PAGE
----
Good design knows no boundaries

The process of writing How to steal like an architect last year, a series of 10 articles based on Austin Kleon’s How to steal like an artist, made me consider other lessons learned over the years. What further lessons would I teach my younger self, given the opportunity?

20. Good design knows no boundaries

An article in The Age earlier this year gave insight into the principles of Aesop owner, Dennis Paphitis. His creative vision for the excellent Aesop brand is so dogmatic it extends to all aspects of its operation: the product, the packaging, the inspirational quotes on the office and outlet walls, even the colours in the marketing department’s reports.

At first glance, this has the ring of the obsessive compulsive about it. But upon closer inspection, it reveals a powerful commitment to design. It reveals the attitude that good design starts with the biggest gestures and finishes with the tiniest details. Good design happens most easily in an environment that encourages it.

This is all the more important for the architect. Unlike the painter who works directly with his canvas, and the musician who works directly with his instrument, the architect works only indirectly with his materials. Concrete, timber, glass and steel are the domain of the builder: paper and pens are the domain of the architect. So why not make your drawings works of art? Frank Lloyd Wright did. Walter Burley Griffin and Marion Mahony did.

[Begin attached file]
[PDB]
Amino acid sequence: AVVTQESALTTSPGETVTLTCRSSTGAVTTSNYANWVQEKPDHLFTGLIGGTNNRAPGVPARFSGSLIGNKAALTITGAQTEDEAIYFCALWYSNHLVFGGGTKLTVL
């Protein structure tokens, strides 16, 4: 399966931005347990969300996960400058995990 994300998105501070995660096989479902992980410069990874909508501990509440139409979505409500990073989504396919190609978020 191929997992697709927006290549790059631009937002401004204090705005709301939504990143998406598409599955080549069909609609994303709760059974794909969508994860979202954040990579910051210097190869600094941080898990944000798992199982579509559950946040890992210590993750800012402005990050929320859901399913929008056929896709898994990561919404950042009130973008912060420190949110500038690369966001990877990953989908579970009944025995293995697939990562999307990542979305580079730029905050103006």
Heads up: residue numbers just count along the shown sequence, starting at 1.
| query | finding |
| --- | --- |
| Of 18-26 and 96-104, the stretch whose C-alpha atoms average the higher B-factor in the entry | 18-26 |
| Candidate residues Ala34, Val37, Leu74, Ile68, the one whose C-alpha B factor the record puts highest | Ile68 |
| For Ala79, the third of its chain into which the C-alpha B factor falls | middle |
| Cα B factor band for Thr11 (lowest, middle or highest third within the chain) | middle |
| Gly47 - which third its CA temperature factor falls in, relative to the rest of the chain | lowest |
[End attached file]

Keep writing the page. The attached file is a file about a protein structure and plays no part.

Good design starts at the centre of your architectural world: your studio. From there, it extends to all things. There is nothing that can’t be designed well.

A house can be designed well, as can a car. A light fitting can be designed well, as can a chair. A computer can be designed well, as can an oil and vinegar jug. There is no part of the human experience that is unworthy of good design. Even the most utilitarian of devices, the most mundane of tools can benefit from it. The design need not be expensive, nor complex, nor fancy. In fact, for the majority of the objects we use these qualities are the opposite of what we really need.

I shake my head when I see toilet paper perfumed and coloured and quilted and printed. Why does toilet paper, surely the most quotidian of all artefacts, attract such rubbish? What it really needs is good design, simple and honest.

Take a leaf from the book of Charles Rennie MacKintosh, the Scottish architect who pioneered the design of furniture and lighting in his buildings. The preparedness to consider every element of a project as an opportunity for good design will not only extend the vision of your architecture into its contents, but will improve the architecture itself.

Good design knows no boundaries.


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